Family Caregiver Blog

Helping Aging Parents with Loneliness and Social Isolation

By Sally Abrahms

What do you consider the biggest health issue in our country? Cancer? Diabetes? Heart disease? Obesity? Smoking? If you’re
Dr. Vivek Murthy, the Surgeon General of the United States, it is social isolation. Being isolated often leads to loneliness—another
serious condition for aging parents.

One scientific journal reports that 43 percent of elders are lonely. Fortunately, there is a movement afoot by physicians,
researchers, geriatric specialists, social service professionals and other enlightened folks to get the word out—and
offer ways to mitigate isolation and loneliness. The AARP Foundation has launched a campaign called Connect2Affect and
the United Kingdom has Campaign to End Loneliness.

Clearly, you can be socially isolated but not lonely or lonely even though you’re surrounded by others. But, typically the
two go hand in hand.

It is that all-alone-in-the-world feeling that triggers loneliness. Of course, people of all ages get lonely, but when you’re
older—like our aging parents—it can have grave consequences.

Literally. Studies (not “study”) show that older people who are isolated and lonely tend to die earlier than those who have
rich social interactions and connections. One 2015 Brigham Young University study of 3.5 million people over 35 years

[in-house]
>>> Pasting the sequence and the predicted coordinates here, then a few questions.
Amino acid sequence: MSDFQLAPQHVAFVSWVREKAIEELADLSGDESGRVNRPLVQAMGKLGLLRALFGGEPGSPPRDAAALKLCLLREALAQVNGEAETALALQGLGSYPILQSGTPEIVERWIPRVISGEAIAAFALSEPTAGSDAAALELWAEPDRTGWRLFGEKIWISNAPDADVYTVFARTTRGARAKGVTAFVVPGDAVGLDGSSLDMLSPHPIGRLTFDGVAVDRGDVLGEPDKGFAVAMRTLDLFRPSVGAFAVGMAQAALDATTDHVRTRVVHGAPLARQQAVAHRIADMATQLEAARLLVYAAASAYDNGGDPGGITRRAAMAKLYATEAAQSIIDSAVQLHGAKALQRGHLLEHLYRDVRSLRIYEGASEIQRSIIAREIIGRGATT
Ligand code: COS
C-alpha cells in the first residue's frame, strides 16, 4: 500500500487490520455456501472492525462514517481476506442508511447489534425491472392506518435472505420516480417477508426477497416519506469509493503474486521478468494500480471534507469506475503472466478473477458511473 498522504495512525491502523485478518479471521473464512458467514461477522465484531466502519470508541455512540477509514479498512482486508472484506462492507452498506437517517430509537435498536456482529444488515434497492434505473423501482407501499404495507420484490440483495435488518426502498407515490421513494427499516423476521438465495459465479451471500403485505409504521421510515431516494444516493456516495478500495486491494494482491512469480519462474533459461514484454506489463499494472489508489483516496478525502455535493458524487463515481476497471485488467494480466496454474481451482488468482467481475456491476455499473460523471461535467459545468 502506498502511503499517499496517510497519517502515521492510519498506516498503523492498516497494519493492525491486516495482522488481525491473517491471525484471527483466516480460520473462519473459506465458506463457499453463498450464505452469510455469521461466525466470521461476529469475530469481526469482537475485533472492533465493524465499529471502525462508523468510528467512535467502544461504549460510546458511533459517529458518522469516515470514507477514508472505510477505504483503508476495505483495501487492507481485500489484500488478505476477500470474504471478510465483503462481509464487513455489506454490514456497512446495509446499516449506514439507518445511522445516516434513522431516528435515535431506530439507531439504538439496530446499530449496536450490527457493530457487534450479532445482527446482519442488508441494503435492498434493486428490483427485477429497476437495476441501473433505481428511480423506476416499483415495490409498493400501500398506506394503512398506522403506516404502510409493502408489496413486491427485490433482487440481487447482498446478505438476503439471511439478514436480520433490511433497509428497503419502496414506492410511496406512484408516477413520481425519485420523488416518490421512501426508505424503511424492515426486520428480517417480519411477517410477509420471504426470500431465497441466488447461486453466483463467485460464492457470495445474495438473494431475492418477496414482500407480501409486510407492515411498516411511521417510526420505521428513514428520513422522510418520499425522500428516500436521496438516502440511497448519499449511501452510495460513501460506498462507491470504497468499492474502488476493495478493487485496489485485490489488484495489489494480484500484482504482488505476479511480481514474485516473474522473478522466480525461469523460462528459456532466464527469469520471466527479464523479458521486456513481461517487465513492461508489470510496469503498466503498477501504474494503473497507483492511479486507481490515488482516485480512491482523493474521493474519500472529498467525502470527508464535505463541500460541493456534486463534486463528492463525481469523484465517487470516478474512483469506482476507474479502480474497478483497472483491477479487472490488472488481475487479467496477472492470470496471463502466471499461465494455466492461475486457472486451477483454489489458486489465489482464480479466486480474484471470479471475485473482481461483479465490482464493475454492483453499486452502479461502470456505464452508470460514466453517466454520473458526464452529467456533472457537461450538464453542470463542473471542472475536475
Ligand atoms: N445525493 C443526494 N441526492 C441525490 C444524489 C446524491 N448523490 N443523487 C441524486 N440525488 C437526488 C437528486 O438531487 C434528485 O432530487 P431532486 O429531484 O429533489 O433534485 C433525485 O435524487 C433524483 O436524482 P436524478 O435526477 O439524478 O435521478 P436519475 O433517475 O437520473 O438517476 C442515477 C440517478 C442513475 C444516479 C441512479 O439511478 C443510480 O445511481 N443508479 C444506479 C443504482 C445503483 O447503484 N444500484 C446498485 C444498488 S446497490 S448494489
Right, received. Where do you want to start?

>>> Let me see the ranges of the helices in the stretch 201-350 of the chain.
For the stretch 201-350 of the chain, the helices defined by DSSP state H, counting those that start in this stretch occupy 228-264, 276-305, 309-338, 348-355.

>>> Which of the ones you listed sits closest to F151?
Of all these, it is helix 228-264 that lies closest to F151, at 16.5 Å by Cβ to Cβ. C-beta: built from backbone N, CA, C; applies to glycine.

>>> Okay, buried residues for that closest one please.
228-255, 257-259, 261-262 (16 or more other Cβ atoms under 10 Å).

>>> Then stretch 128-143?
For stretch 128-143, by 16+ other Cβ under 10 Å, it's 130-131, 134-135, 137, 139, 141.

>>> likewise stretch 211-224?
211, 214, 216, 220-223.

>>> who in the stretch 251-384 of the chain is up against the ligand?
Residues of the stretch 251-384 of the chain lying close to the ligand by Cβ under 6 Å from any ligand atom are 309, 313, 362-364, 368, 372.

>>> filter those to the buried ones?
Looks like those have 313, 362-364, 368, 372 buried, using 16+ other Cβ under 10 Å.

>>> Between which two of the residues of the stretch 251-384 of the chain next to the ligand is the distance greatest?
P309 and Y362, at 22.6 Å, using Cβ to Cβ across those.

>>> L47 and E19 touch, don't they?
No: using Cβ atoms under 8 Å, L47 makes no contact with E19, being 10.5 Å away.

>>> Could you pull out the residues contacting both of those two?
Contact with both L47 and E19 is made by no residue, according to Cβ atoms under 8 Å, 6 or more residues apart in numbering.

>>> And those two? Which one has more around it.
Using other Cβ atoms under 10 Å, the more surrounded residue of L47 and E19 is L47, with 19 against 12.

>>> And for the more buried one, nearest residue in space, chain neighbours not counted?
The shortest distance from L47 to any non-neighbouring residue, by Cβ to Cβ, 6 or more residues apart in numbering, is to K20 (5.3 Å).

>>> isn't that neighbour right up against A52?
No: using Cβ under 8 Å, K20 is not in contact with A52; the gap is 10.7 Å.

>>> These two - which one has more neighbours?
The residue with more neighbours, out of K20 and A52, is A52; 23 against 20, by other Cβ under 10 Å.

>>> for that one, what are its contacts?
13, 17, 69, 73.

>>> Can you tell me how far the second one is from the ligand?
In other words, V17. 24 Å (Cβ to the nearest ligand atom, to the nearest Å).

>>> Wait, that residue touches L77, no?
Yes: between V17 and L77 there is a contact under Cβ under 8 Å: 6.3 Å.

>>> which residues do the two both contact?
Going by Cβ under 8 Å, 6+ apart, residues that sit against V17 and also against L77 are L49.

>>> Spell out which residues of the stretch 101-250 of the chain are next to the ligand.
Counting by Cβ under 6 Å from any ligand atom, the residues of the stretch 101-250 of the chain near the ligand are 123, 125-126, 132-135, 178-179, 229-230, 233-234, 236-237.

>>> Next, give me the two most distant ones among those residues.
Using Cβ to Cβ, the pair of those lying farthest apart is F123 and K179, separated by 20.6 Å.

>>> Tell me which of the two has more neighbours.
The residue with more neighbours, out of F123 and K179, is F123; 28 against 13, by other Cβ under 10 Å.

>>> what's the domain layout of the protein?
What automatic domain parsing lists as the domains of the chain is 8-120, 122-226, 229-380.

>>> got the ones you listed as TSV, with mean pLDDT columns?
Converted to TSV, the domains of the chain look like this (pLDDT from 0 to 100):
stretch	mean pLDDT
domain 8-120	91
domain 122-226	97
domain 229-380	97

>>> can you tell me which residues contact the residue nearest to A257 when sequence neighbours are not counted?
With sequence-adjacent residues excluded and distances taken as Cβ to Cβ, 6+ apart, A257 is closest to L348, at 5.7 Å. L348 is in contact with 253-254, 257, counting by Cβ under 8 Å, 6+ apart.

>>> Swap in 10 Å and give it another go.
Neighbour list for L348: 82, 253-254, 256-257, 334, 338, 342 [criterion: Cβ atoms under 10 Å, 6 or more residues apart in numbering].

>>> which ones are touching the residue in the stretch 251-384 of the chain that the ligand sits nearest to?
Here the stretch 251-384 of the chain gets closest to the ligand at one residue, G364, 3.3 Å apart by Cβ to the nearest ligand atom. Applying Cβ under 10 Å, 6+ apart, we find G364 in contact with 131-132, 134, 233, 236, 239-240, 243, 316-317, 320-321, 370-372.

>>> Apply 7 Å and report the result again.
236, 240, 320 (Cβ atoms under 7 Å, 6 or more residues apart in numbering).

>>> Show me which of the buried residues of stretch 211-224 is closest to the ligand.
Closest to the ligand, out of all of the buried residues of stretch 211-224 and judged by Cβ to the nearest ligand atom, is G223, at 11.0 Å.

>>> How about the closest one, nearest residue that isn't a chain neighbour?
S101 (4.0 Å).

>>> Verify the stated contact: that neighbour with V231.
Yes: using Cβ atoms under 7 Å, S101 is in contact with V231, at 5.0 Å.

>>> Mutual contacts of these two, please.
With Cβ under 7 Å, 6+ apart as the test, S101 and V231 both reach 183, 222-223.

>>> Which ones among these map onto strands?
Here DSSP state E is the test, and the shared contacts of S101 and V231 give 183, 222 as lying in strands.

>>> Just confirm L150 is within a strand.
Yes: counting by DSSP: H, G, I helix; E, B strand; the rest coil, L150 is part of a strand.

found that loneliness resulted in a 26 to 32 percent rise in premature death. And here’s the kicker: scientists consider
loneliness is as lethal as smoking 15 cigarettes a day.

Not scary enough? Social isolation, researchers believe, may be linked to higher risks of stroke, heart disease, dementia,
hospital readmission and falls. Let’s put this another way: when you stay socially engaged, it can slow cognitive issues
and boost happiness.

What to Say Instead

Reasons Our Parents Are Lonely

The world shrinks when you get older. In the early years, there are little kids, family and/or work. No time to even realize
you’re lonely! Then the children, if you have them, take off. They may have their own children, with the whole crew living
far away.

There are more reasons why people wind up alone and lonely:

  • Retirement. No longer in an office or at a job, there are often fewer daily interactions with others.
  • Friends. People with whom you have shared meals and memories—your life--may move away to be near
    their grandchildren, dodge cold weather, live in a senior community or have a new adventure. Others get ill.
    That robust social circle can peter out.

    The same is true if your aging parents decide to move and have to start all over without a strong support system. It’s harder
    to meet new people, and with ageism, some younger people aren’t interested.

  • Different Kinds of Challenges. These may be mobility (too hard to get out), hearing loss or cognitive decline
    such as Alzheimer’s. When you’re no longer driving, transportation options may be inaccessible, unaffordable or too
    overwhelming to figure out.
  • Spouses. They may get physically sick—and the relationship may shift to a caregiver role that is isolating.
    Or, with increased longevity, some spouses decide they’d rather be single than stay with their no-longer soul mate
    for another 20 or 30 years. (Long marriages that go bust are known as “grey divorce.”)
  • Housing/Living Arrangements. One out of three older adults enter old age widowed, divorced or never
    married. Thirty-five percent of women age 65+ who live alone are widows, with 32% of women age 65+ living